Ustilago tritici (Pers.) Rostr. - Loose smut.


Class Basidiomycetes, subclass Teliobasidiomycetidae, order Ustilaginales, family Ustilaginacea, genus Ustilago.


Ustilago tritici (Pers.) Jens., U. vavilovii Jacz.

Biological group.

Obligate wheat pathogen.

Morphology and biology.

Loose smut is most obvious at wheat heading. As a result, the spike is entirely destroyed except for the rachilla, and the spikelets of colonized heads become a mass of olive-black spores. Sometimes narrow strips of sporiferous fungus are observed on upper parts of stem and leaves. The loose smut fungus survives as a dormant mycelium within the embryo of wheat seed. The pathogen is activated when the infected seed germinates, and it expands toward the growing point of the plant. When the plant begins to form a head, the fungus invades the whole young head tissue except for that of the rachilla. Later mycelium forms teliospores, and the head produced by infected plant contains black teliospore masses in place of the grains. The spores are easily spread by wind onto neighboring healthy plants and infect flowering plants. The windborne teliospores fall on the open flower stigmas and geminate. Upon germination the teliospores produce a basidium (promycelium) forming basidiospores (sporidii). The fusion of compatible monokariotic cells occurs. Copulated basidial cells yield infectious dikaryotic hyphae which penetrate the ovaries. Seed bud is infected, but grains containing fungus hyphae in embryo are developed. Teliospores of U. tritici are spherical, echinulate, olive-black, 5 to 9 mkm in diameter.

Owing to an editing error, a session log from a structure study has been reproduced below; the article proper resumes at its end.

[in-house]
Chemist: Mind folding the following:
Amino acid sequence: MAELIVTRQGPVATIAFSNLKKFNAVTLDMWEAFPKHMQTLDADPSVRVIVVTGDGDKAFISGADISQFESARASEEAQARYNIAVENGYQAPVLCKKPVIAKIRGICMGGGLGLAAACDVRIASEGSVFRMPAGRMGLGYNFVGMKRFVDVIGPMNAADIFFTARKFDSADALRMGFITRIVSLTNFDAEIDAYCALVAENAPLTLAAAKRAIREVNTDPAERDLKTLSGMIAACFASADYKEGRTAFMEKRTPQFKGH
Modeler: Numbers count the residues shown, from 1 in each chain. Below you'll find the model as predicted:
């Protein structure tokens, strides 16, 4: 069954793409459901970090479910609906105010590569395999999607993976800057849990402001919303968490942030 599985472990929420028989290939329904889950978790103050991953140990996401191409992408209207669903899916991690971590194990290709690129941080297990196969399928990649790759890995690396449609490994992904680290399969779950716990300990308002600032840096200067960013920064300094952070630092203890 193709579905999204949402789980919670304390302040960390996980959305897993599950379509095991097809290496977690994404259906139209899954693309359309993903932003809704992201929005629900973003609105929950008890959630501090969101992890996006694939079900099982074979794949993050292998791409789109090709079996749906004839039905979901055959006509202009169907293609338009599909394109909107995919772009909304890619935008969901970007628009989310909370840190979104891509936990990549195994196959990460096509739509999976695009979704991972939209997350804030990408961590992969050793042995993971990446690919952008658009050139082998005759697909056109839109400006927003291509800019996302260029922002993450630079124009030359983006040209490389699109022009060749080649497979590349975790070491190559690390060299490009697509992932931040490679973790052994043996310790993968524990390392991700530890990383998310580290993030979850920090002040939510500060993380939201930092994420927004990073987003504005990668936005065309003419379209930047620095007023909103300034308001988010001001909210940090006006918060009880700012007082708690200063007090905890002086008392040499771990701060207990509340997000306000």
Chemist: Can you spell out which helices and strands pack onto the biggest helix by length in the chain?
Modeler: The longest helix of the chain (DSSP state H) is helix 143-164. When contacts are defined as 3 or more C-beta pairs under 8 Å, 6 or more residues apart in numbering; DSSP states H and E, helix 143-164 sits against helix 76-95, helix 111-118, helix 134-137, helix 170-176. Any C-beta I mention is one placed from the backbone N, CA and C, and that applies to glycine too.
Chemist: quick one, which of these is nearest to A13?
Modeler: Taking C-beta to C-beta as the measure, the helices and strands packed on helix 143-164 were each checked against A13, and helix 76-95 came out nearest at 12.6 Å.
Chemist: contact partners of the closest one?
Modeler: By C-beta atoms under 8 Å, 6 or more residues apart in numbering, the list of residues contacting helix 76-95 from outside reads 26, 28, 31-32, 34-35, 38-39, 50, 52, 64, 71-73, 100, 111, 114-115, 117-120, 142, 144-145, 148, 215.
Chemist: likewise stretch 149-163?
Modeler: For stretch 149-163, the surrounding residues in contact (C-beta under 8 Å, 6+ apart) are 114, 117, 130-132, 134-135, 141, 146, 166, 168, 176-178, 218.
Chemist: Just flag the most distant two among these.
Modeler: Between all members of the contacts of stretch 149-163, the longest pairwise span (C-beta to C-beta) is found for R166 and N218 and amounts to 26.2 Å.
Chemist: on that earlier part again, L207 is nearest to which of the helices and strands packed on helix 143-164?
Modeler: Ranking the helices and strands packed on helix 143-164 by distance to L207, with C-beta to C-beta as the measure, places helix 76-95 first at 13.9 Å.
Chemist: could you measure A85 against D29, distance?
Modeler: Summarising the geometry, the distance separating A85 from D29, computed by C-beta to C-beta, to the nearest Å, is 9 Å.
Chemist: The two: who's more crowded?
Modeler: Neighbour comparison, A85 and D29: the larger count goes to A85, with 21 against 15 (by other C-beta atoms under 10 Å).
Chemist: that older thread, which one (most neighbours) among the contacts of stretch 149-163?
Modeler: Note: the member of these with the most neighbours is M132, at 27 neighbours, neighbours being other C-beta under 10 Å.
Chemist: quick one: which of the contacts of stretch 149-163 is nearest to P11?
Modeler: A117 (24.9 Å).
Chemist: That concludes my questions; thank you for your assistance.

Loose smut occurs in all countries where wheat is grown. In Russian Federation the disease is widely distributed in spring wheat growing areas. In southern regions the fungus also damages winter wheat.


Temperatures 22 to 27.C and humidity 60 to 95% are favorable for both teliospore germination and mycelium development. The fungus stops developing in plant tissues under temperatures of 7 to 8.C, and that is why winter wheat is less damaged by smut than spring wheat.

Economic significance.

The fungus affects species of the genera Triticum, Hordeum, Secale, Aegilops, Elimus, Agropiron, Elytrigia, Haynaldia. This disease, however, has a potential to cause significant yield losses if control practices are ignored. Yield loss is directly proportional to the incidence of smutted heads. Annual disease development is 0.1 to 1%, but it increases in cases of absence of protection measures. Protection measures: seed dressing and resistant varieties.

Reference citations:

Druzhinina A.E., Krupnov V.A. 2000. Influence of environmental conditions for infection of spring wheat by loose smut in Volga region. Doklady Rossiiskoi academii selskokhozyaistvennykh nauk, 2: 16-18. (In Russian)
Karatygin I.V. 1986. Agents of cereal smut. Leningrad: Nauka. 112 pp. (In Russian)
Krivchenko V.I. 1984. Resistance of cereals to smut fungi. Moscow: Kolos. 304 pp. (In Russian)
Sanin S.S., Nasarova L.N., Sokolova E.A., Ibragimov T.S. 1999. Health of cereal fields. Zashchita i karantin rastenii, 2: 28-31. (In Russian)
Tymchenko L.F. 1969. Loose smut of spring wheat in Non-Chernozem zone. PhD Thesis. Moscow: State Lomonosov University. 20 pp. (In Russian)
Zakharenko V.A., Kuzmichev A.A., Plotnikov V.F., Pavlyushin V.A., Novozhilov K.V., Dolzhenko V.I., Nasedkina G.A.; Grichanov, I.Ya. 2000. Extent and trends of species composition and population structure changes, areas of harmful and useful organisms complexes, and forecast of dangerous phytosanitary situations in Russian regions. St. Petersburg: RASKhN. 1-100 p. (In Russian)

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